The mortgage-servicing rights (MSR) market continued to defy gravity and remained upward bound as June came to a close.
On the last day of the month, the New York-based Mortgage Industry Advisory Corp. (or MIAC Analytics) released bid documents for an MSR offering it is brokering that exceeds $5 billion in value.
“MIAC Analytics, as exclusive representative for the seller, is pleased to offer for your review and consideration a $5.22 billion Fannie Mae, Freddie Mac and Ginnie Mae mortgage-servicing portfolio,” the offering documents state. “The portfolio is being offered by a mortgage company that originates loans with a concentration in California.”
In fact, by value, the bulk of the loans in the MSR package were originated in California — representing $2.9 billion, or about two-thirds of the total value of the MSR bulk offering. The percentage of Fannie- and Freddie-backed loans in the package is split evenly by value — at 39.3% and 39.5%, respectively. Ginnie-backed loans comprise 21.2% of the package by value.
The offering includes a total of 17,088 mortgages with an average interest rate of 3.127% — well below current 30-year fixed rates now approaching 6%. The servicing-fee cut — a slice of the total interest rate — averages 0.268%.
In addition to the current offering, MIAC came out with two large MSR offerings earlier this month involving a $4.8 billion loan pool and a separate $816.7 million package, both composed of Fannie Mae and Freddie Mac loans.
But how long can this MSR boom continue?
Tom Piercy, managing director of Denver-based Incenter Mortgage Advisors, said as interest rates rise, the value of MSRs generally increases because the risk of early repayment of mortgages decreases. And fast-rising rates in 2022 have killed the refi boom, which is a major driver of mortgage prepayments.
Piercy added, however, that at some point rates reach a level where each additional incremental increase doesn’t appreciably decrease prepayment speeds.
“The question around diminishing returns is valid,” he said. “However, one must be aware of the nuances and economic variables that impact MSR valuations.”
Yes, we would see pricing begin to hit its ceiling when looking at just prepayment curves, Piercy explained.
“For instance, most 2020 & 2021 conventional [mortgage] vintages have seen lifetime [prepayment] speeds drop to as low as 6% or 7%, and more typically 8%,” he said. “The standard life of a mortgage asset without refinance pressure is typically 8% over the history of data — simply due to relocation, divorce, death, etc.”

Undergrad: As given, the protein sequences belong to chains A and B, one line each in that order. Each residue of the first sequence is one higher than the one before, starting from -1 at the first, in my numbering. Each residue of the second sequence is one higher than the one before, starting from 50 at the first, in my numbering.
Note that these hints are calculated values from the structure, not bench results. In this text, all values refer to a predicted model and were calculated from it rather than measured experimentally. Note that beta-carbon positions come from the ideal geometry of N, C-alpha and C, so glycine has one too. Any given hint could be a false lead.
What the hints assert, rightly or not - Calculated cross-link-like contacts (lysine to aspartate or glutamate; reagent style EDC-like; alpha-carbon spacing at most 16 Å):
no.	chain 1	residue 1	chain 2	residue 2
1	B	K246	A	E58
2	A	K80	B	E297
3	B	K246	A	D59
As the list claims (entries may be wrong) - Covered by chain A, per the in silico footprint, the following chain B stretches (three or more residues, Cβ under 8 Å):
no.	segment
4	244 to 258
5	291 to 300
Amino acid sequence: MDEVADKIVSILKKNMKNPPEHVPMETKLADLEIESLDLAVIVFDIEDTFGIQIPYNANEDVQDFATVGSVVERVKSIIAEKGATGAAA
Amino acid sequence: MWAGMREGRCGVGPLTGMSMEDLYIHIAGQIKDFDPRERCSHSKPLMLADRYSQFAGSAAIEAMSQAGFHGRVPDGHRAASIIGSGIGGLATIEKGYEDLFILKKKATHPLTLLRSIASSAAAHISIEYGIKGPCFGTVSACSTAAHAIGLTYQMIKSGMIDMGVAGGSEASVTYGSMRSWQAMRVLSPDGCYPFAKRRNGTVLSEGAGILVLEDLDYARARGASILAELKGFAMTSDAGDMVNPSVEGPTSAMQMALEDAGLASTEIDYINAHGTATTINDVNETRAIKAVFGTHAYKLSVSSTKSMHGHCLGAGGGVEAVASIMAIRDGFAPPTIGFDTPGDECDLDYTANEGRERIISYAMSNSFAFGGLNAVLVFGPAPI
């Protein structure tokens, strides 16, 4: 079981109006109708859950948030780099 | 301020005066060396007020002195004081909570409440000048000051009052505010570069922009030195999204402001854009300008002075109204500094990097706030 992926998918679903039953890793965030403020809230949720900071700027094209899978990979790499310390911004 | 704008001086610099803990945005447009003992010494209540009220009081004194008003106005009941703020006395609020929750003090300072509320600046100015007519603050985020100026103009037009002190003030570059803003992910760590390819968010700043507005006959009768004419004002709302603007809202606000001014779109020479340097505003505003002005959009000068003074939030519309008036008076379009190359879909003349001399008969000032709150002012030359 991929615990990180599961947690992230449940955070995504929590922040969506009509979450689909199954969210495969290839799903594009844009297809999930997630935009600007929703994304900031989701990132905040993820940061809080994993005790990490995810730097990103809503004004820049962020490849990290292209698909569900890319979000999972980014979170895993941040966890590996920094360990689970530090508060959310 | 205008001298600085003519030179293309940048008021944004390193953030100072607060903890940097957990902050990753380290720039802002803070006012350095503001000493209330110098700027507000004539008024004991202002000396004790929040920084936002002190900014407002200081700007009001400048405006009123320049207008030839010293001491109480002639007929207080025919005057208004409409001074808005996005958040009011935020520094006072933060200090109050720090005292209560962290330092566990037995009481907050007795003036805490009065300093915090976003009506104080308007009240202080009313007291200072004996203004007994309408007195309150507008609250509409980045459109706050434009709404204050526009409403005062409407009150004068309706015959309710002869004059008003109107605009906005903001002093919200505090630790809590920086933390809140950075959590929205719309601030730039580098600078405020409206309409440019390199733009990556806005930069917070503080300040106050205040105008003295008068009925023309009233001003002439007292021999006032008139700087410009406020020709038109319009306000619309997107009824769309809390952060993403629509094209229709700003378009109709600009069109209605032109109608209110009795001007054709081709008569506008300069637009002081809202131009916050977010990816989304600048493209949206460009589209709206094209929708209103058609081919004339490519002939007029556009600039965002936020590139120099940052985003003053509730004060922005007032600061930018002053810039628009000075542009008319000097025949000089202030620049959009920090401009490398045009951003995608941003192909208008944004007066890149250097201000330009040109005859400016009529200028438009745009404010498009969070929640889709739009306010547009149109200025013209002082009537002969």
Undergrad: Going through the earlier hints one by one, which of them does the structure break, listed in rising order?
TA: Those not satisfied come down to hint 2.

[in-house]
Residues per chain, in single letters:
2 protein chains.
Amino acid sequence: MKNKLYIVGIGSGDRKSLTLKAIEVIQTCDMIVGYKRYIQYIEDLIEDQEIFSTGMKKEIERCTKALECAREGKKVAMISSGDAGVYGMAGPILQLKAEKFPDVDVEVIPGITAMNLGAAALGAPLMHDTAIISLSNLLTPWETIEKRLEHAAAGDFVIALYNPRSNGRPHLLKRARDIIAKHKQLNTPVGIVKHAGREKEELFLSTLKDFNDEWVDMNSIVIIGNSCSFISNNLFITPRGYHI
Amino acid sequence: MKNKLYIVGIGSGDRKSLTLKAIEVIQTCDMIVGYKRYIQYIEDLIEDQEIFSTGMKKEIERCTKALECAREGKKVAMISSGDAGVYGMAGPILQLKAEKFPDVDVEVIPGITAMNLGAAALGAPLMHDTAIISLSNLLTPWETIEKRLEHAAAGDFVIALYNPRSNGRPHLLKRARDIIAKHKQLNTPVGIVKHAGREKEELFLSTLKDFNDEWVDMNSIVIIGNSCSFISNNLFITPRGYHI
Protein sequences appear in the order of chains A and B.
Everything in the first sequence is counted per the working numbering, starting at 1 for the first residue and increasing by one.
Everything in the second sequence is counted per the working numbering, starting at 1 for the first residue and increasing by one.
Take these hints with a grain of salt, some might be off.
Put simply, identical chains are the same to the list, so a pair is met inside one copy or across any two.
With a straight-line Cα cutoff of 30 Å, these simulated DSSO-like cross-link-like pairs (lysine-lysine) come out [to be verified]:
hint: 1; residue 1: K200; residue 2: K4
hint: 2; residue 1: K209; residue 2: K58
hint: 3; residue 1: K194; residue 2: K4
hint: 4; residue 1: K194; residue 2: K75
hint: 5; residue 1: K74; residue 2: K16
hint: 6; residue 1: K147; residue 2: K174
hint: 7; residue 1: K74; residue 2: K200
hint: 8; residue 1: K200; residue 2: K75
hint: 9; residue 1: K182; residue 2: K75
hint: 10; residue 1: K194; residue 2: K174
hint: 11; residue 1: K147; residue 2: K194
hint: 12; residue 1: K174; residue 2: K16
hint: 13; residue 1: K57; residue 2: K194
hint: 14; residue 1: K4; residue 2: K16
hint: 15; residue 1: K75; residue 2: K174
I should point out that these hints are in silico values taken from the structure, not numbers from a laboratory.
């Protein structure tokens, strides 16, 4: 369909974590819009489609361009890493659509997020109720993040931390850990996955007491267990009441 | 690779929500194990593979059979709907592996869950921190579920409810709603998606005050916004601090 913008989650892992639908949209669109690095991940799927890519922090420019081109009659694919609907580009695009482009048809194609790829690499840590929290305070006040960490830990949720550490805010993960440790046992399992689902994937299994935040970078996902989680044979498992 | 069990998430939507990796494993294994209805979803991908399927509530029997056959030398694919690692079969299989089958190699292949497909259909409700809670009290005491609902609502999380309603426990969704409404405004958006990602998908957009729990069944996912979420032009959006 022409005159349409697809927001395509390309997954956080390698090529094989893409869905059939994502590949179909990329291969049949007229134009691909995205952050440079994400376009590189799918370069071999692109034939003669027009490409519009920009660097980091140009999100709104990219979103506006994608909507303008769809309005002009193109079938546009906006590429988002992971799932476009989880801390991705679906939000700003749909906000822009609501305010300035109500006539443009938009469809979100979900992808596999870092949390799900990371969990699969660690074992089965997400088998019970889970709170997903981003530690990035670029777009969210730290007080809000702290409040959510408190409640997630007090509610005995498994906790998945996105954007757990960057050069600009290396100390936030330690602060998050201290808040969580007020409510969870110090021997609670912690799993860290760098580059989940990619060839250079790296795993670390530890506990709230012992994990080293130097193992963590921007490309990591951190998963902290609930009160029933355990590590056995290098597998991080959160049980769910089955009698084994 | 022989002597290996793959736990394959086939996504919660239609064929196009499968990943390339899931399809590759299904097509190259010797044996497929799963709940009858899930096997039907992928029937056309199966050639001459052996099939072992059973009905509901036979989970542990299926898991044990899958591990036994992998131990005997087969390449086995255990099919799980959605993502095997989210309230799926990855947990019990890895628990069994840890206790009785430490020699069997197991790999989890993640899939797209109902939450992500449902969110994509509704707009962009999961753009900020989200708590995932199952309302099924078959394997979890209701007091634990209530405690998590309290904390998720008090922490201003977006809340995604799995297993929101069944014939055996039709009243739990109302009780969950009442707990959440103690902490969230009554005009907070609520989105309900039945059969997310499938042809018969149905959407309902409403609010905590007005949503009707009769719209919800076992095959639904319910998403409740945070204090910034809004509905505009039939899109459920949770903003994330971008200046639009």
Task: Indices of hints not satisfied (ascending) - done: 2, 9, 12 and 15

A conditional prepayment rate, or CPR, is typically expressed as an annual percentage based on the likely prepayment rate for a pool of mortgages.
“Given this history, one would believe we are hitting our ceiling with MSR values, but that’s not the whole story,” Piercy said.
Piercy explained that another factor impacting the value of MSRs that could further fuel the run-up in value is the relationship between loan escrow balances and short-term rates.
There is a short-term (monthly) float of around 13 days between the average on-time payment of principal and interest to the day of remittance to the investor. Long-term escrows, he added, are considered the taxes and insurance payments “that are received monthly but not paid to the counties or insurer for six to 12 months, depending on how often taxes are paid in the county or when the homeowners policy is due.”
“Escrow balances play a big part of the valuation when rates are higher,” Piercy added.
MIAC explains the role of an escrow balance plays in loan income on its website with the following example:
“What follows is a simplified monthly income statement for a $200,000 loan the month after it is sold. The servicing fee is 25 basis points, the ancillary income is $20.00 per year, the monthly value of the escrow float is estimated to be $1.33 (average escrow balance of $1,600 at 1% interest), and the servicing costs are $125 per loan.”
When the spread between short-term and longer-term rates narrows, as it has been since the start of the year, that helps to bolster the value of escrow balances and the related MSRs, Piercy said. As of March 1, the spread between the 2-year and 10-year Treasury was 41 basis points, according to Federal Reserve data. On June 20, it stood at 4 basis points.
“This increase in short-term rates will impact the value of the escrow balances associated with the MSR asset, hence, generate even greater value in the short-term,” Piercy said. “As rates rise, however, one will typically see the required yield on investment increase, but that is lagging parameter, which means we will see the value of MSRs increase in the short-term should these short-term rates continue to rise.”
Based on recent MSR offerings in June that are in addition to MIAC’s recent offerings, it appears there is still plenty of fuel left in the MSR-value tank.
Earlier this week, HousingWire reported that the Prestwick Mortgage Group, an Alexandria, Virginia-based advisory and brokerage firm, had put out for bid an offering for a $1.6 billion package of Fannie Mae, Freddie Mac and Ginnie Mae mortgage-servicing rights. Bids are due July 12.
Prestwick’s offering comes on the heels of a separate bulk offering announced recently by Incenter Mortgage Advisors that involves a $915.8 billion package of Fannie Mae and Freddie Mac MSRs. Bids on that package were due on June 23.
Piercy said Incenter also is working on multiple deals totaling more than $60 billion “that are not out for public auction.”